Whichever industry you’re in, improving your website could greatly improve your business’s potential customer base. And whether your website generates sales or leads or simply promotes your brand, there are smart, targeted strategies to ensure you connect with your ideal online audience. Instead of well-meaning guesswork, taking a little time to refine your website and online activities could make all the difference. Newcastle-based web design agency Peacock Carter has put together some advice for anyone looking to connect with their online audience; their experience with WordPress and Magento platforms – as well the SEO industry – puts them in a unique position to offer effective advice to anyone keen to improve their website’s performance.
The first thing to consider is your website’s design. Web design is not just concerned with the graphics and typefaces visitors encounter on your website, it also includes their journey through the various webpages as they search for the product or service they need.
From a visual perspective, ask yourself whether your website’s aesthetic reflects your brand identity and if it is up to the standards of your competitors’ websites. Customers are very selective and sometimes distrustful when it comes to unfamiliar websites. A striking, professional appearance could make a huge difference to whether or not someone decides to trust your company.
With regards to a visitor’s journey through your website, consider its structure very carefully. Are all your products and/or services set out clearly enough for a user to navigate easily? Could you include a filter or tool that helps a customer search for what they need? For instance, an online sunglasses retailer could include a filter that allows users to select the style of sunglasses (Aviators, square, Wayfarer, etc.) and perhaps order the products from cheapest to most expensive. Ask yourself if there’s anything you could change to make your customers’ experience on your website more streamlined and enjoyable.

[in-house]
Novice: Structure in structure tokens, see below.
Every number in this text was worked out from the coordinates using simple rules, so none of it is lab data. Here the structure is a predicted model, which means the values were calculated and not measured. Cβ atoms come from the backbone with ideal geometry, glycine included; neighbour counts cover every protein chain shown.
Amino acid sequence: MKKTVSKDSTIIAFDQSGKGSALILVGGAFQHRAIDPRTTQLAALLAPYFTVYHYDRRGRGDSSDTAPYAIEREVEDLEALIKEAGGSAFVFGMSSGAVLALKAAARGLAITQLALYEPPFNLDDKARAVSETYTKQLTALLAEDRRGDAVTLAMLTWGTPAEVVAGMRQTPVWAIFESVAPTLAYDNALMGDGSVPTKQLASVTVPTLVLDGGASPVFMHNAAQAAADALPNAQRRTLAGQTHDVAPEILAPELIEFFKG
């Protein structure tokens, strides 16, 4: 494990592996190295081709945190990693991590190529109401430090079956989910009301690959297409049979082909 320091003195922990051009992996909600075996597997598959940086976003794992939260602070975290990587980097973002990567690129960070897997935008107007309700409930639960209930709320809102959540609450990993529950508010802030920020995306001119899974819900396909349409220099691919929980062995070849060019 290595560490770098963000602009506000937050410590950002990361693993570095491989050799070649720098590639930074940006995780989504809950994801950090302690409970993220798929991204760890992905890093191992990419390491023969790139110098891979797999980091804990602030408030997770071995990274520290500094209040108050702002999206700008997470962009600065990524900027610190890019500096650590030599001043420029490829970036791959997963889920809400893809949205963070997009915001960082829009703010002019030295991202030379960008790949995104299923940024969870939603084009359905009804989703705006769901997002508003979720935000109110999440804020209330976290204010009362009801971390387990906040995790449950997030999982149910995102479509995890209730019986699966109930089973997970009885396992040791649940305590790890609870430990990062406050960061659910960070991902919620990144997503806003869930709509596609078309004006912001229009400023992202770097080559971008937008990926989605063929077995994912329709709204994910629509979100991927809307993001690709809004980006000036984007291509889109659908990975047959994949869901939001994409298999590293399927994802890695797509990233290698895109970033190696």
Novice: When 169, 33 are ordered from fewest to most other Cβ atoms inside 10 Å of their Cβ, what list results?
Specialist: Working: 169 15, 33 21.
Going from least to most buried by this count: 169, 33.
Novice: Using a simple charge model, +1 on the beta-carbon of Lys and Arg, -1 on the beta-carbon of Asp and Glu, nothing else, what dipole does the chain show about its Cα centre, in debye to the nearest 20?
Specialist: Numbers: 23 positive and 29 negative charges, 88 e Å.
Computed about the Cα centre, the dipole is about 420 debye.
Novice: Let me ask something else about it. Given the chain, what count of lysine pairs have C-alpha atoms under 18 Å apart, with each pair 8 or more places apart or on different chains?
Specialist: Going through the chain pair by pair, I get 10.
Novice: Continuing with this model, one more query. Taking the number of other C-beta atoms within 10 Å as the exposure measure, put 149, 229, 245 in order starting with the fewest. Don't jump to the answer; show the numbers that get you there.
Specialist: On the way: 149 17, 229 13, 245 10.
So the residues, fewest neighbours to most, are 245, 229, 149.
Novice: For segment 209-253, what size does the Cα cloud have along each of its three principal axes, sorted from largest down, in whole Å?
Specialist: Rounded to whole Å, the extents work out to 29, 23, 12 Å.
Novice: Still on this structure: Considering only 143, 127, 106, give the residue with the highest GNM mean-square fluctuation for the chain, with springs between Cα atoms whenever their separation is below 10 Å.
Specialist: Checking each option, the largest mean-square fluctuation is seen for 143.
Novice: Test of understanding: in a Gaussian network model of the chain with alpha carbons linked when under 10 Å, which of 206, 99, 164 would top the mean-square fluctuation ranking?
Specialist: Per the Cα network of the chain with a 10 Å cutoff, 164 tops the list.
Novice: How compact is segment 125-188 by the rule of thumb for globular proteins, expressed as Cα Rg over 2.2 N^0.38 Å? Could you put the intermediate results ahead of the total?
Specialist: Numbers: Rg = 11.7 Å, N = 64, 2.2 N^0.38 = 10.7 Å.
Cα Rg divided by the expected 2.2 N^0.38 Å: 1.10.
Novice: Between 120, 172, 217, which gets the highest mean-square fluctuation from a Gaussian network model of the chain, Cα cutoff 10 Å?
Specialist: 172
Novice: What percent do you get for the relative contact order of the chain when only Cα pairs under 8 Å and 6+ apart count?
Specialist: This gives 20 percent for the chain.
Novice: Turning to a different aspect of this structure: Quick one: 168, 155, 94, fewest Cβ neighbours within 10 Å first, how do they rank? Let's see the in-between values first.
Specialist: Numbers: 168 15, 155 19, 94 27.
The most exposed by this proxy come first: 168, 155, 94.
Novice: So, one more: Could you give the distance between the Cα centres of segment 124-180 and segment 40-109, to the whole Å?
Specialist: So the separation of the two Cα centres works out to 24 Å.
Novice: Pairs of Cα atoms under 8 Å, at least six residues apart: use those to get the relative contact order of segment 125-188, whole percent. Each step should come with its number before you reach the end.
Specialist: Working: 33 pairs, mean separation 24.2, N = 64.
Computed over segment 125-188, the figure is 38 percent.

When it comes to changing your website’s design, you may be able to tweak a few features yourself without moving platforms, but you should also be willing to change platforms if necessary. Your website is your shop window and your entire shop; its appearance and structure is essential to whether or not you connect with your online audience.
Optimise Your Website’s Content
After you’ve addressed your website’s design, it’s important to ensure your content/copy is optimised for search and for visitors. Optimising content for search means speaking Google’s language, ensuring that the content on each page makes it clear to Google’s robots what each page should be ranked for. There is too much detail to go into now, but you may find it useful to visit Moz Academy’s On-page Optimisation for Keywords. Put simply, Google rewards websites that clearly label what each page is about – this includes the Title Tag, H1, and copy that appears on each page. Google wants to point users to exactly what they are searching for, so optimisation is mainly about clarifying exactly what each page is about, using specific ranking factors to make this clear to Google.